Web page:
Results obtained from studying triple-knockout mice fed a zinc-adequate diet revealed that these genes are not essential for the rapid uptake and/or distribution of zinc in the body. In contrast, studies of these mice fed a zinc-deficient diet suggested a significant attenuation in the accumulation/retention of zinc in liver and pancreas. The amount of 67Zn accumulated in the pancreas and liver within 30 min in zinc-replete mice was twice that of the natural abundance of this isotope in these tissues. 67Zn represents 4.2% of the total natural Zn isotopes (64Zn > 66Zn = 68Zn ≫ 67Zn in relative abundance). In these zinc-replete mice an increase of 4.2% in total cellular zinc was detected within 30 min of the gavage. This is a reasonable approximation of a physiologically relevant amount. In the zinc-deficient mice, by 3 h after the gavage triple-knockout mice had accumulated only a small increase in total zinc in the liver (1.6% increase) and pancreas (1.1% increase), whereas the wild-type mice had accumulated 6.8% more zinc in the liver and 7.6% more zinc in the pancreas. Although these studies do not reveal the exact reason for these differences (uptake, distribution, retention) in zinc metabolism, they clearly reveal that these Zip genes play an important role(s) in zinc homeostasis during periods of zinc deficiency.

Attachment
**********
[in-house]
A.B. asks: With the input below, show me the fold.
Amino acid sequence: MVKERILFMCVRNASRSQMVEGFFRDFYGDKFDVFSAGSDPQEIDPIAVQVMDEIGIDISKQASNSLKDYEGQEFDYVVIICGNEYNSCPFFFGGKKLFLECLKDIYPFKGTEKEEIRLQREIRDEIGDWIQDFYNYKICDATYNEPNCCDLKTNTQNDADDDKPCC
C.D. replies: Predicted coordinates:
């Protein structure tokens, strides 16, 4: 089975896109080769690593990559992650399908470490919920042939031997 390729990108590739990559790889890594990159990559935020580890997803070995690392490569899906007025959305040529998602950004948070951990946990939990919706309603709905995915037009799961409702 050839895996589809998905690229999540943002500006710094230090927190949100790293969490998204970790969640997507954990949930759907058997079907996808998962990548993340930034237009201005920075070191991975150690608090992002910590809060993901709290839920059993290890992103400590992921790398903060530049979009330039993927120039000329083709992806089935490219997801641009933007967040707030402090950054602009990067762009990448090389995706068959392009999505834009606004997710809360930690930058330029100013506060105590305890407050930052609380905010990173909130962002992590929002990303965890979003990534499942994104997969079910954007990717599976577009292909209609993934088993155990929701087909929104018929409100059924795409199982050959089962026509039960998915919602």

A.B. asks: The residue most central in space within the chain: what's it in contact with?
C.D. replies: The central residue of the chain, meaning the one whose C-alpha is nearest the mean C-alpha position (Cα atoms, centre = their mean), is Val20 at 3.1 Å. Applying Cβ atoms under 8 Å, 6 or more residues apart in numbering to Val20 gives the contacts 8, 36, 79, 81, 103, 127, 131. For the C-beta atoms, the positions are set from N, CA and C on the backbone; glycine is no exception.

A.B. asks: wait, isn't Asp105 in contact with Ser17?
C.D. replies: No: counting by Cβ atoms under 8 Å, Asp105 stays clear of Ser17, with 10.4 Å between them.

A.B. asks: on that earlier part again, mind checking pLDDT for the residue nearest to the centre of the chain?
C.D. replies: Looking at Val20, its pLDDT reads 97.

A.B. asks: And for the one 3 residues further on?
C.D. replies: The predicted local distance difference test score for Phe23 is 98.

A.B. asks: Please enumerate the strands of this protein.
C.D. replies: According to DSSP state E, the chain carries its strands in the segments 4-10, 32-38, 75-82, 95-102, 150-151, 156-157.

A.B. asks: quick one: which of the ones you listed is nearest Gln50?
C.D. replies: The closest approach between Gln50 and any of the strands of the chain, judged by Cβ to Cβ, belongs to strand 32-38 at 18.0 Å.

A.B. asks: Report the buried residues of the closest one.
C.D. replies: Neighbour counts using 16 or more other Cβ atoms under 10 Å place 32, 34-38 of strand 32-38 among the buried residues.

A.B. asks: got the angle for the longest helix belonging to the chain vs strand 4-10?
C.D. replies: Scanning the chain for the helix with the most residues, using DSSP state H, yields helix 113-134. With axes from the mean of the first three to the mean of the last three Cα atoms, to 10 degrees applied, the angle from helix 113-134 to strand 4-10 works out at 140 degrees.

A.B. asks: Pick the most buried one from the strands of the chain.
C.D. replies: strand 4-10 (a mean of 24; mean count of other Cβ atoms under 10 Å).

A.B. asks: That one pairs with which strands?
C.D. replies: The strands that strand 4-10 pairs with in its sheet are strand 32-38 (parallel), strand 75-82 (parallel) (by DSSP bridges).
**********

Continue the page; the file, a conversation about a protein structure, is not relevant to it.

The physiological mechanisms of action of these, and most other, ZIPs remain to be determined. We hypothesize that on an organismal level, subfamily II members function in zinc homeostasis by controlling the distribution and/or retention of zinc in specific cells and organs. Zip1 and Zip3 are actively expressed in the lamina propria of the intestine and are thus unlikely to be important in the uptake of dietary zinc from the intestinal lumen (6). They may instead function in the distribution of zinc once it is acquired from the diet and transported through enterocytes. All three of these Zip genes are expressed in liver, surrounding the central vein in a remarkable gradient pattern. Zip2 is expressed at high levels exclusively in a single layer of pericentral hepatocytes (33). Zip1 and Zip3 are also expressed in these cells as well as in a gradient that diminishes away from the central vein in deeper layers of hepatocytes (5, 6). This pattern of expression suggests that these proteins function in the retention of zinc in the liver by preventing its escape into the central vein or that they function to collect zinc from the venous blood back into the liver. The cellular localization of these proteins in hepatocytes remains to be determined. These genetic studies indicate that these three zinc transporters are not essential for the rapid accumulation/retention of zinc in the liver when zinc is replete, that their functions are not interdependent, and that they function in the accumulation/retention of zinc in the liver (and pancreas) during periods of zinc deficiency. Zip2 appears to have a unique role in iron metabolism in the liver, although the mechanism is not understood (33).